The truth is that no one knows what is going to happen.
Unless tttt works in the product team that creates and defines new products (mortgages loans etc) then tttt won't know any better than us what will happen with mortgages, even working in that environment they can't be sure where the BOE base rate will go, what the LIBOR rate will be or what political or possibly regulatory pressure will come to bear to change the market.
You are on a good deal that is keeping close to the BOE base rate, and you can't switch to a more competitive (tracker) mortgage.
Then it is a question of fix or track.
We don't know when interest rates will rise, or to what point, but as it rises so will the cost of fixed rates.
At the moment the cost of applying for a new mortgage is high, but the application fees were this high 3 to 5 years ago and the lenders are now making at least a 2% profit on fixed rate mortgages compared to 0.1% a few years ago.
There is a lot of discontent at the banking industry as more and more people realise they are being exploited to get the banks back into their profit making ways.
So we don't know at what point there may be a crackdown on the profiteering by the banks, the politicians and regulators are much more interested in bonuses and the general election next year to focus on underlying causes, and worry more about the headlines.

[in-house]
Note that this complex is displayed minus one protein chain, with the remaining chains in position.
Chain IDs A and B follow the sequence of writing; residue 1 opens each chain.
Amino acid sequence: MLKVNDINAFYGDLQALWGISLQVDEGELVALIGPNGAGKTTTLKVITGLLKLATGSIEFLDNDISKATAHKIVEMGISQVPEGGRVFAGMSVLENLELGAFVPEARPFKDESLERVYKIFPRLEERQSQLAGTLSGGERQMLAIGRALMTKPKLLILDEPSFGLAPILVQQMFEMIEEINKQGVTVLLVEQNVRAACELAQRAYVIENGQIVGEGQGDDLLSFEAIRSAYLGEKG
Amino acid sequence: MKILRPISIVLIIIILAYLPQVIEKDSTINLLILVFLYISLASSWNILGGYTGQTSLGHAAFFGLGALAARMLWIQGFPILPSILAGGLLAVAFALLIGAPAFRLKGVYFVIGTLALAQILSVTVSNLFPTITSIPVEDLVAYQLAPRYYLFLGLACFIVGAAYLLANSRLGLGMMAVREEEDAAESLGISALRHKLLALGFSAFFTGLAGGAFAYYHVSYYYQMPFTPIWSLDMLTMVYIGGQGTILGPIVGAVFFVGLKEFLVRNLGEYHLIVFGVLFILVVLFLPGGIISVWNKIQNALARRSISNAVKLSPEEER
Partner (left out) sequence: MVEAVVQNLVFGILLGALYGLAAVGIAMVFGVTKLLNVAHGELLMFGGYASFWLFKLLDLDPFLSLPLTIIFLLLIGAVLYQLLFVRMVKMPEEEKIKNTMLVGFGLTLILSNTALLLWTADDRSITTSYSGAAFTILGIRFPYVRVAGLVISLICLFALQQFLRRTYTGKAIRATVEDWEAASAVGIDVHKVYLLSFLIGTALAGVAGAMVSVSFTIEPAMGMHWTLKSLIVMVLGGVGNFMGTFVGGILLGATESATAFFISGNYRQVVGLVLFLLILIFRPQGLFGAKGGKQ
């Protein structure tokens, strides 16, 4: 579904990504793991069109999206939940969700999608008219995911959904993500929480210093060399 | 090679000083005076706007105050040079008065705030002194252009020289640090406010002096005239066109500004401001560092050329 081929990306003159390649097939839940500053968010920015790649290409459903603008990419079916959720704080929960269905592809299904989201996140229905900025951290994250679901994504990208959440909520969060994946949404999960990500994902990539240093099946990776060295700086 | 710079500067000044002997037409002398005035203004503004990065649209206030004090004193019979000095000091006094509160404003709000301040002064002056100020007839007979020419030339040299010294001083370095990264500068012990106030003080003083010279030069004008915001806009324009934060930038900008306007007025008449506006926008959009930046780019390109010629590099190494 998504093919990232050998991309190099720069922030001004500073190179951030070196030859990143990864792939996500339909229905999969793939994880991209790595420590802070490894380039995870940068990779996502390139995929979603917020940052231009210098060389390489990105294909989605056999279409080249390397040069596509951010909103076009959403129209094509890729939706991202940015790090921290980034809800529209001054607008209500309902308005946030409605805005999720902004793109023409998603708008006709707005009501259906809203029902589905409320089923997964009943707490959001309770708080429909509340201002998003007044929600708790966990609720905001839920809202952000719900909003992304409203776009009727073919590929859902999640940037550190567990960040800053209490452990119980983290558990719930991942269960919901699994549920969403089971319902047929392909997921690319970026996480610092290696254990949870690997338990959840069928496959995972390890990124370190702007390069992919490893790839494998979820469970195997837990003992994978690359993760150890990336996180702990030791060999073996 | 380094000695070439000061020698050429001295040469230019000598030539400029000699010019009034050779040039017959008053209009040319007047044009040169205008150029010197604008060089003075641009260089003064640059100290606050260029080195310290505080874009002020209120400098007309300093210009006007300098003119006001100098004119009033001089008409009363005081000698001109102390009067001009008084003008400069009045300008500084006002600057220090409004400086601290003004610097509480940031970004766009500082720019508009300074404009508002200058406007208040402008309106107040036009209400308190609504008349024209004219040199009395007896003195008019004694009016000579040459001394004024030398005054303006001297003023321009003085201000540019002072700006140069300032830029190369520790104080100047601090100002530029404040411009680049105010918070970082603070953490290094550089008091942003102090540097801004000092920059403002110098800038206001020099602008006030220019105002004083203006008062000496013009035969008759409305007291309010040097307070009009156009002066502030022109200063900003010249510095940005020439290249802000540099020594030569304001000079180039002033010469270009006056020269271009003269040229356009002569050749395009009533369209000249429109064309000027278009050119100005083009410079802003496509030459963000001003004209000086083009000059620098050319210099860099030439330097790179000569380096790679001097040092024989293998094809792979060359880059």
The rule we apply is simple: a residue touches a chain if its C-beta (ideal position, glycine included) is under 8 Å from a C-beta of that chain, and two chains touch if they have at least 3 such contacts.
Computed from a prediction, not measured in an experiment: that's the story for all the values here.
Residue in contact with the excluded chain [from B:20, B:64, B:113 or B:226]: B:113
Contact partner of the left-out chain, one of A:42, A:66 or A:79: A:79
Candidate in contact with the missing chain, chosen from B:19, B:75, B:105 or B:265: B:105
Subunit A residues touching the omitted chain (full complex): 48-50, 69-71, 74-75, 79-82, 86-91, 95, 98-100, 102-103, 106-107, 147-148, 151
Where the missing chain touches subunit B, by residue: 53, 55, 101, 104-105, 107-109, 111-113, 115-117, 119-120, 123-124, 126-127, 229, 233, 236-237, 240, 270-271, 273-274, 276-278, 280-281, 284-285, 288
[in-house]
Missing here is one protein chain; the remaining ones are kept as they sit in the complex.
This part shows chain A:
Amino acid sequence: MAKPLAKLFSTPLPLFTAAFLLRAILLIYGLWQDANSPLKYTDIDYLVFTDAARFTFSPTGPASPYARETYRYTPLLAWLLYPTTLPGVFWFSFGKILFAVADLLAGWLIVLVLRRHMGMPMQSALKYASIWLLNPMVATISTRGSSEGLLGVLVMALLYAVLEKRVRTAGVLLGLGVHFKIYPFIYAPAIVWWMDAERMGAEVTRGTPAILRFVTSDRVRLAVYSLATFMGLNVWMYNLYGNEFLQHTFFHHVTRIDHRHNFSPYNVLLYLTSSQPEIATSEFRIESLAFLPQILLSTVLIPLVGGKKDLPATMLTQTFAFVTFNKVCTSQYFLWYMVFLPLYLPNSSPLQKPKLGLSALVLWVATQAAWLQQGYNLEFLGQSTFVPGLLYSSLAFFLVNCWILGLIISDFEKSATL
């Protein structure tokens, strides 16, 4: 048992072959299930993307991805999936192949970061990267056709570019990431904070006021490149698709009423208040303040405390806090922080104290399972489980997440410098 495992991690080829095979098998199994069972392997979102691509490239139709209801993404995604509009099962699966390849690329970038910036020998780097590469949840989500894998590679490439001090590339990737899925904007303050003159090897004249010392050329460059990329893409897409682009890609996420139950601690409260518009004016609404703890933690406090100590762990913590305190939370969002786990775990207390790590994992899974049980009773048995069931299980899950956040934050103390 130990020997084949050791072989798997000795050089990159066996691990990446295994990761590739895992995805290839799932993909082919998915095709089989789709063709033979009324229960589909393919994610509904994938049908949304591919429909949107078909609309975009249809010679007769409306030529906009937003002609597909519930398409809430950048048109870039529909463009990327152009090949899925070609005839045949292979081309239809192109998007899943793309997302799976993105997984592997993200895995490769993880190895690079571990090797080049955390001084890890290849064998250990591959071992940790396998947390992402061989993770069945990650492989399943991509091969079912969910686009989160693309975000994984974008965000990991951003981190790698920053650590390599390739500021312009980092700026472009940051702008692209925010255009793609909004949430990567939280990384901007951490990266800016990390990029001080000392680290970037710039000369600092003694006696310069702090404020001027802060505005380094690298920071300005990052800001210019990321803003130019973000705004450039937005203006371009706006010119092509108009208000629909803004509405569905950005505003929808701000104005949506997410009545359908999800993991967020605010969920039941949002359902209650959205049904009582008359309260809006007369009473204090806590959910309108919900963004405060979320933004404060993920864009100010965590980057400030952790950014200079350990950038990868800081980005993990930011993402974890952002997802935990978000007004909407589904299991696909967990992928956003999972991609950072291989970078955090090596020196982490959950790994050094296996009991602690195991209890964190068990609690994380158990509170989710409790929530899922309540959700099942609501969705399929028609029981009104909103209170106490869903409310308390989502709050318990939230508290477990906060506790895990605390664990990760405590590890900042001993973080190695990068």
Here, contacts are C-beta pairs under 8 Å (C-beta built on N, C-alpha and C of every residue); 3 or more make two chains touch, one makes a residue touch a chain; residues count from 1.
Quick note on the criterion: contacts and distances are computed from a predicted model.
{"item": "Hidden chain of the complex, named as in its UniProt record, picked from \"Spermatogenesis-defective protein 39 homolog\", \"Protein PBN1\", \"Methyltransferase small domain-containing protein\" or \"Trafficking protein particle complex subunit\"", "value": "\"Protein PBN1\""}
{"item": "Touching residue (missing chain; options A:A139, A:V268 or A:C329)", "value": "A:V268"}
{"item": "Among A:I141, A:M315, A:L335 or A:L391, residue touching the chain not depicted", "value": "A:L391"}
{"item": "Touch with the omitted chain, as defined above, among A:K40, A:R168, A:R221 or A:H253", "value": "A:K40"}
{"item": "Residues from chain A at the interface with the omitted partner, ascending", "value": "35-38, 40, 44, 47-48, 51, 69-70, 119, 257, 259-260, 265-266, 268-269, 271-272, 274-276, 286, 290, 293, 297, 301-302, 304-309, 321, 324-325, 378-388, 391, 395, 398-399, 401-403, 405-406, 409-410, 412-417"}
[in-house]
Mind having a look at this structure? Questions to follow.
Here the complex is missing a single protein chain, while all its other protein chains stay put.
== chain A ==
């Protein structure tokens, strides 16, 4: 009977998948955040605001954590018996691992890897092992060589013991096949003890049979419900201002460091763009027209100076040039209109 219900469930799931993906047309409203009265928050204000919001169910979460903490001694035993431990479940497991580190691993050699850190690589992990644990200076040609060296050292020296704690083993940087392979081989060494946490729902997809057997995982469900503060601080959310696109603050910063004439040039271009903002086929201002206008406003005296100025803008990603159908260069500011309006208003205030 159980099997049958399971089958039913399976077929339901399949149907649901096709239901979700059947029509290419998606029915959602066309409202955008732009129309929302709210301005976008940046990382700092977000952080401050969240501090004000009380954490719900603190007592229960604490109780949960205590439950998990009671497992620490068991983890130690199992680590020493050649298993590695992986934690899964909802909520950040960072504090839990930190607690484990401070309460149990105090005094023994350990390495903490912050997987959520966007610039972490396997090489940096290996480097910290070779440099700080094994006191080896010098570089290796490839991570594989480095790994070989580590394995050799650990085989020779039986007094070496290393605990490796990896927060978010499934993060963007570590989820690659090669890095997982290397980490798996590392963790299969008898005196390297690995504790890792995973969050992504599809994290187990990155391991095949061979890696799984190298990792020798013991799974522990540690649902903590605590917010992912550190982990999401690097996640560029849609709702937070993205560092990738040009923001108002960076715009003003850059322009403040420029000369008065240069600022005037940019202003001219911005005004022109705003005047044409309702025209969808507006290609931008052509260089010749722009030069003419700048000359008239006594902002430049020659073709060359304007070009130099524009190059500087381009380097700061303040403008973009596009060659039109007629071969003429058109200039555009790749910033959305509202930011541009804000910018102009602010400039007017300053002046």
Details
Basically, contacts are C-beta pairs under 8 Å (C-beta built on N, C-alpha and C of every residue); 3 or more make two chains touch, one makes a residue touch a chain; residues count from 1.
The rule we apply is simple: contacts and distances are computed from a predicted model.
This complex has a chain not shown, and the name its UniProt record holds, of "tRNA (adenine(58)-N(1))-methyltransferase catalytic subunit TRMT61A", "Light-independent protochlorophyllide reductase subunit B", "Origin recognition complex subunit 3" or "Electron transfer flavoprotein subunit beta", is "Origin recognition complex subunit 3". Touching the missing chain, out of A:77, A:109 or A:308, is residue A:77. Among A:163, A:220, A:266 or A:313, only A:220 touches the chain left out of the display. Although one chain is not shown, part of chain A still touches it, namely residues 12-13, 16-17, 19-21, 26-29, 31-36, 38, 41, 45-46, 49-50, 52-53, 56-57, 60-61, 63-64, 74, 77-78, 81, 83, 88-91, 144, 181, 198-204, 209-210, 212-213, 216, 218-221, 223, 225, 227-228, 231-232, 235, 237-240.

Instead of applying for a new mortgage, why don't you
a) stick the £1K in a savings account so that it's ready when you decide to apply and earn interest.
b) pay the additional £1k off the mortgage and you'll be paying £25 a year less interest (based on the 2.5% BMR)
If you keep your repayments artificially high lets say at the same price as the fixed rate would be, you will pay off your mortgage early, and also you will not be as affected by a rise as you will not have reduced your payments and spent the money elsewhere.
You could save the overpayments to a savings account and over the year see how much money you have saved, and decide how best to spend it or repay on your mortgage.
I think the key is to work out at what point you want to switch to the peace of mind rate (fixed) so that you are covered in the even that your BMR rate would go above this.